One of the last cases decided by the United States Supreme Court before its summer recess was an important one for employers in today’s digital and social media-driven world. In City of Ontario, Calif. v. Quon, the Court was faced with the question of whether a public employer’s search of an employee’s text messages, which were received and sent from an employer-owned device, was a violation of the employee’s Fourth Amendment right against unreasonable searches and seizures. In a unanimous decision, the Supreme Court said no.
How The Dispute Arose
The case arose from the City of Ontario, Calif., whose police department (OPD) issued pagers to several of its officers. Under the OPD’s contract with its wireless service provider, Arch Wireless, there was a monthly limit on the number of characters each pager could send or receive. Any usage beyond the limit would result in an additional fee, which would be paid by the employee. When Officer Jeff Quon and others exceeded their monthly character limits for several months, the OPD investigated whether the overages were for personal or work-related messages.
At the OPD’s request, Arch Wireless provided transcripts of Quon’s and another employee’s text messages over a two-month period. In reviewing the transcripts, an OPD investigator discovered that the vast majority of messages sent or received on Quon’s pager were not work-related and that some of his messages were sexually explicit. The police department disciplined Quon for violating rules contained in OPD’s “Computer Usage, Internet and E-Mail Policy,” which also applied to text messaging on OPD pagers.
Lower Court Decisions
Quon and others sued the City and the OPD (among others), alleging that the OPD violated their Fourth Amendment rights by searching Quon’s messages. The trial court found that Quon had a “reasonable expectation of privacy” in the content of his text messages. But the City and OPD nonetheless prevailed at trial because the OPD’s search of Quon’s text messages was deemed reasonable under the circumstances.
On appeal, the Ninth Circuit Court of Appeals reversed the trial court and ruled in favor of Quon. Though agreeing with the trial court that Quon had a reasonable expectation of privacy in his text messages, the court of appeals found that the OPD’s search was not reasonable. Even though OPD was motivated by a legitimate work-related purpose, the court of appeals found that the OPD search was unreasonable in scope.
Supreme Court Decision
The City appealed to the United States Supreme Court, which reversed the ruling of the court of appeals and decided the case in favor of the City and the OPD. In doing so, the Supreme Court took a slightly different approach than either of the lower courts. The Supreme Court expressly declined to decide whether Quon had a reasonable expectation of privacy in the text messages sent and received on his employer-issued device. Rather, the Court held that even if Quon had a reasonable expectation of privacy, the OPD’s search did not violate Quon’s Fourth Amendment right to be free from unreasonable searches and seizures.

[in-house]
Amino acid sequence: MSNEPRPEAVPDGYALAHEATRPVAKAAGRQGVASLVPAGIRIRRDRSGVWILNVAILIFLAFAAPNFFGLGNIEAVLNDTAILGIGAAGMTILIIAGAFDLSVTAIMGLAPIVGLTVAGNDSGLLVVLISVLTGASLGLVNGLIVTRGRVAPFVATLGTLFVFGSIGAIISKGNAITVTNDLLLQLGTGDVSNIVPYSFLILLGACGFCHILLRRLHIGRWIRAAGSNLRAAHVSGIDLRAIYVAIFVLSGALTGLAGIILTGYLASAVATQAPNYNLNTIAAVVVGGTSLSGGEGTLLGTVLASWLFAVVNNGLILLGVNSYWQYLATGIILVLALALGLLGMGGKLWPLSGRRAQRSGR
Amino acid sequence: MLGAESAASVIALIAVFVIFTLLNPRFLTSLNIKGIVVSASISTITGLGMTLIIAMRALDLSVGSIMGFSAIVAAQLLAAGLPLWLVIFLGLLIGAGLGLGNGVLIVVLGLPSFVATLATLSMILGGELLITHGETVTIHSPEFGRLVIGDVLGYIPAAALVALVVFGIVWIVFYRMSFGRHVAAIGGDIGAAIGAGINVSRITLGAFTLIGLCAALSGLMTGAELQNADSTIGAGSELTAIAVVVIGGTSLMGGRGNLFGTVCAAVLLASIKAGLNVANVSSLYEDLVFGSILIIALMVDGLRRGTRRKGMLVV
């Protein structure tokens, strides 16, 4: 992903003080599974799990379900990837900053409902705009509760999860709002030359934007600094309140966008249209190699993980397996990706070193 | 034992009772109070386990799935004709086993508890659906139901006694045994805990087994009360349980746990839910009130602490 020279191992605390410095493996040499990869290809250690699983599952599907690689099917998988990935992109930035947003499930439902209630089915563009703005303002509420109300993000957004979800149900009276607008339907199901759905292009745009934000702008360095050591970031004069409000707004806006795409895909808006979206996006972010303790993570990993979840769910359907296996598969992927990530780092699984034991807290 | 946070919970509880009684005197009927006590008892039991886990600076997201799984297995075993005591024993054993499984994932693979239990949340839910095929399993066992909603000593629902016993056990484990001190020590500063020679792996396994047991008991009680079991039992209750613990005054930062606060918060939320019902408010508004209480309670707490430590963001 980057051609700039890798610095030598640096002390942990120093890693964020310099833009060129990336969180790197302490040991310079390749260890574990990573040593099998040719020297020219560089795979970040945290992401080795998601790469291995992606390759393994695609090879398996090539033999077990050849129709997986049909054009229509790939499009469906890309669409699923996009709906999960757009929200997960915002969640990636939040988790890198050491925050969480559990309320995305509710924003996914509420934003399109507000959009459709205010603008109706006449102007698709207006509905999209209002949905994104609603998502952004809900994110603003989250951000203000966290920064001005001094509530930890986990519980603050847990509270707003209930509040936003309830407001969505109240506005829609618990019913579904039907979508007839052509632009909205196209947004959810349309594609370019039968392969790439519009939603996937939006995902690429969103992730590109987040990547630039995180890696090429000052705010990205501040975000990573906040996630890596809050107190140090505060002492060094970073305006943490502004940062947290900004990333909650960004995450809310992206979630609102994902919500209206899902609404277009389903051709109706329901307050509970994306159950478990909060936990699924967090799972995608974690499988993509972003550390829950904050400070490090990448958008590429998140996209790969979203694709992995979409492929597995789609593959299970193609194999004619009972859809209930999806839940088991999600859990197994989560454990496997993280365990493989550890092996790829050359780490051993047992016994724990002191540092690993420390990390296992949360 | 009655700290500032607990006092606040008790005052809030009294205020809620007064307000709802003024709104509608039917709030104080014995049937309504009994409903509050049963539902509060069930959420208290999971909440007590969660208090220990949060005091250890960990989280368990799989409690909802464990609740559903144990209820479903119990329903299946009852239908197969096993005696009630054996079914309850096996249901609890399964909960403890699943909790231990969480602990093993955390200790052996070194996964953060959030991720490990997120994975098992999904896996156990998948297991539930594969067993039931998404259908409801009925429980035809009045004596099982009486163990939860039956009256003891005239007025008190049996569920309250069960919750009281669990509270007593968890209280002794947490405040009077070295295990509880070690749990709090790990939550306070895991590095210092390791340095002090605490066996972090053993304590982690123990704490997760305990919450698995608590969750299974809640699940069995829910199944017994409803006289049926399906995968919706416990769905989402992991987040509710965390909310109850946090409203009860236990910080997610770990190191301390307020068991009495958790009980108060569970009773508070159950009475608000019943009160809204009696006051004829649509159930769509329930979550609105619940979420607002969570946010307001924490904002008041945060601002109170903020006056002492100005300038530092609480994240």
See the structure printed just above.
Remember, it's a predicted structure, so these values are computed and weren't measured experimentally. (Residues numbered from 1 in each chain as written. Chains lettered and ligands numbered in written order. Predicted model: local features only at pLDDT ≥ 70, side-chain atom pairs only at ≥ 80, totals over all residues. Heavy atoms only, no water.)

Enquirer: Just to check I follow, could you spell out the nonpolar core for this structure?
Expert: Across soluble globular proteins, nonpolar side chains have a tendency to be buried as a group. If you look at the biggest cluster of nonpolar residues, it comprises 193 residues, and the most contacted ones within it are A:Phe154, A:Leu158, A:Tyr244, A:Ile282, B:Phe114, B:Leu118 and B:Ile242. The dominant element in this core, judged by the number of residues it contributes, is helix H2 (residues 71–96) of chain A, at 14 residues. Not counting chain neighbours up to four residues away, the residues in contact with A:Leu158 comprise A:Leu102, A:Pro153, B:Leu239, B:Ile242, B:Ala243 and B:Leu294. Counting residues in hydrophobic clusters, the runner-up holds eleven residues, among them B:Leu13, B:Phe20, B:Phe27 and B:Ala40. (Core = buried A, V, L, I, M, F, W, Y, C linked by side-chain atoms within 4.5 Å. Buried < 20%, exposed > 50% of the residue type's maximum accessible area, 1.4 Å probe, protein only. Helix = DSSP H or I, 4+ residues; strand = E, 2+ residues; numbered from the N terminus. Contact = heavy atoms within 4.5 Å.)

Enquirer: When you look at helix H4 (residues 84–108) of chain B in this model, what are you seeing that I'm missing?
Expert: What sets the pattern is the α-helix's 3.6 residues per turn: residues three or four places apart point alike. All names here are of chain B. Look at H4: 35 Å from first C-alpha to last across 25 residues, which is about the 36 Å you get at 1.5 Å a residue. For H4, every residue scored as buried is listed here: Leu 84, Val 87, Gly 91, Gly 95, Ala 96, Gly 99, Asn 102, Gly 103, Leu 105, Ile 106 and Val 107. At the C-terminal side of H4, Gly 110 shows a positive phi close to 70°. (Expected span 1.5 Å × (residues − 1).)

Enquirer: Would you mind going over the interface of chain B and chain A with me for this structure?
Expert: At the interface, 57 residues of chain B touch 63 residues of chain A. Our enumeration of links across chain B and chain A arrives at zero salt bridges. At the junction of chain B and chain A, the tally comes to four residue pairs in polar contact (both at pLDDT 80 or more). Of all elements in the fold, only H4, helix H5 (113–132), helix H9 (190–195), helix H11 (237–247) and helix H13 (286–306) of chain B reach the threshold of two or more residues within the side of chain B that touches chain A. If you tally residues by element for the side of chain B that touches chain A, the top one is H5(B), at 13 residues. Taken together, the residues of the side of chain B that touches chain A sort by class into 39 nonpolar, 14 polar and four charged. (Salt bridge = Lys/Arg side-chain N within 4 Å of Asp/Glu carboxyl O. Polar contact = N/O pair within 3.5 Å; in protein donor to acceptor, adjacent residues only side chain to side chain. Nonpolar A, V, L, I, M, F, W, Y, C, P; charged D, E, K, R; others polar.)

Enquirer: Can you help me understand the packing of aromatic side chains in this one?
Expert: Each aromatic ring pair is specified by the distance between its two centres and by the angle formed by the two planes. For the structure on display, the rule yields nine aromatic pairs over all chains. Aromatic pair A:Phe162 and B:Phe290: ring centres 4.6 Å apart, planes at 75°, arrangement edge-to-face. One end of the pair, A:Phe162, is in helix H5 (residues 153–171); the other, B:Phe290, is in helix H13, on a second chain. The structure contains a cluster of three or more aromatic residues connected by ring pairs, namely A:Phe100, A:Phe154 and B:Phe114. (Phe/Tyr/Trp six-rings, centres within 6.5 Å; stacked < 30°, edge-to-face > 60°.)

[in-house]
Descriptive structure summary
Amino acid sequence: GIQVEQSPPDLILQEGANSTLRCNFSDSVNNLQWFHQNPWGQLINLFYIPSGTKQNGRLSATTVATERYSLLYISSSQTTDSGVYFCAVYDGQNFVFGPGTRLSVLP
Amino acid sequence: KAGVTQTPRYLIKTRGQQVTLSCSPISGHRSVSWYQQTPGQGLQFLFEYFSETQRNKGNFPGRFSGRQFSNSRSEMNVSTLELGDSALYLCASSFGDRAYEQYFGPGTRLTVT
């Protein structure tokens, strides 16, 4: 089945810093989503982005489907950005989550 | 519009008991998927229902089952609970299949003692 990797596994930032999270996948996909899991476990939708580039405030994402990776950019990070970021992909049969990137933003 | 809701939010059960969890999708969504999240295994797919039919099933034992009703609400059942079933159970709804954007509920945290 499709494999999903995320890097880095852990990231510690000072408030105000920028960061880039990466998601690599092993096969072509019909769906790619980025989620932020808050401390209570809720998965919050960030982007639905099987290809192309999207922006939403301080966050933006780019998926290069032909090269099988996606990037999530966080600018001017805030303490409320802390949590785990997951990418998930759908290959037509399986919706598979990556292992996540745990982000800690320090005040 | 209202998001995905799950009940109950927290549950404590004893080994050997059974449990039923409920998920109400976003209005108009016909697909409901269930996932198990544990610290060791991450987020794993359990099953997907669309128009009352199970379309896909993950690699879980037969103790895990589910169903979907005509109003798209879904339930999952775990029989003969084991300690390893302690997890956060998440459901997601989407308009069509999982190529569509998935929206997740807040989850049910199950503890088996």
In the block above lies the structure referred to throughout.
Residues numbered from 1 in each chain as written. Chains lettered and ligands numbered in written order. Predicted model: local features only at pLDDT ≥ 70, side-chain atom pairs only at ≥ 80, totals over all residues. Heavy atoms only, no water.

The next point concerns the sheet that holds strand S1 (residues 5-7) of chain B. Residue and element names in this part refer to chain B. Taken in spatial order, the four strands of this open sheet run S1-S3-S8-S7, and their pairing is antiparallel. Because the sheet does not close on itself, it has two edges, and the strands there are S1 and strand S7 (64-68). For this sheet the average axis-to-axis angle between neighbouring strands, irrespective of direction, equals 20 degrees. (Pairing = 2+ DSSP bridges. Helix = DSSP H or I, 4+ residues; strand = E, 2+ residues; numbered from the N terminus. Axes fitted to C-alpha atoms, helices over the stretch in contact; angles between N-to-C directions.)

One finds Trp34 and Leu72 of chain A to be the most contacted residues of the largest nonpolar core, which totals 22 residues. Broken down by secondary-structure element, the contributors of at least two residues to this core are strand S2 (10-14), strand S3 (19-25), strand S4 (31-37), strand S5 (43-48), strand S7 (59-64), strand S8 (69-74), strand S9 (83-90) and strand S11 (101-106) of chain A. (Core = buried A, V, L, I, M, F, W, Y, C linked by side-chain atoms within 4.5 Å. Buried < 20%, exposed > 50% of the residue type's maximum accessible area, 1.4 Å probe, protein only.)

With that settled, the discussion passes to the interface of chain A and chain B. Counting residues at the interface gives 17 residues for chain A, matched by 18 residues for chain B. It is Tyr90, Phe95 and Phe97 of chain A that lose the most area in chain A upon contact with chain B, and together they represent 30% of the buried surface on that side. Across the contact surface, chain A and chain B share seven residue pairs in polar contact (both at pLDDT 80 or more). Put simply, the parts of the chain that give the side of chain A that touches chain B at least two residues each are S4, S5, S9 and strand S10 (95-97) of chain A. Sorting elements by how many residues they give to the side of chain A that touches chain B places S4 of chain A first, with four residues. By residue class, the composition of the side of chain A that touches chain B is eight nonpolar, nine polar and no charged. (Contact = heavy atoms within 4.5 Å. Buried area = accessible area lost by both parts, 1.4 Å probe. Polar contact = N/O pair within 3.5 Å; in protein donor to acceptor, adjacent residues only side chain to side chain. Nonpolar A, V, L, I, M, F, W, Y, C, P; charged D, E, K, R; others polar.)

Interestingly, the Court did not enunciate a clear rule that guided the analysis of whether a public employer’s search of this kind was “reasonable” under the Fourth Amendment. The Court noted that one of its prior cases, O’Connor v. Ortega (decided in 1987), set forth two different approaches for analyzing the Fourth Amendment rights of public employees. Under one approach, a public employer’s intrusion into the privacy rights of employees must be “judged by the standard of reasonableness under all the circumstances” if the intrusion is for a work-related purpose (such as, for example, investigation of work-related misconduct). Under the alternative approach (advocated by Justice Antonin Scalia), “government searches to retrieve work-related materials or to investigate violations of workplace rules” do not violate the Fourth Amendment. Justice Scalia viewed such searches as “reasonable in the private-employer context” and saw no reason to view them differently when the government is the employer.
The Supreme Court deemed the OPD’s search to be valid under either of these approaches. The Court emphasized the fact that the text-message search was motivated by a “legitimate work-related purpose” and was not excessive. The Court also found that the search of the text messages was reasonably related to the OPD’s objective in the search, which was to ensure that its employees were not being forced to pay overages out of their own pockets for work-related messages. The review of the transcripts given by the service provider was an “efficient and expedient way” to make this determination. Similarly, because the City had a legitimate reason for the search and it was not excessively intrusive in light of that justification, the search would be “regarded as reasonable and normal in the private-employer context” and thereby satisfy Justice Scalia’s preferred mode of analysis.
Although the City of Ontario v. Quon case dealt with the constitutional issues surrounding a public employer’s search of an employee’s text messages, the case is still instructive for private employers. At the very least, the Court’s opinion provides some insight into what actions would be deemed reasonable by employers, not only from a constitutional perspective but from a private employer perspective. And it should not be lost upon employers that this case dealt with employee conduct that violated an explicit policy governing electronic communications on employer-owned devices. The Court’s view of the investigation conducted by the employer in this case might have been different had no such policy been in place. Thus, it is prudent for employers of all kinds to have policies in place governing the use of employer-owned devices for electronic communications and notifying the employees of the employer’s right to monitor such use.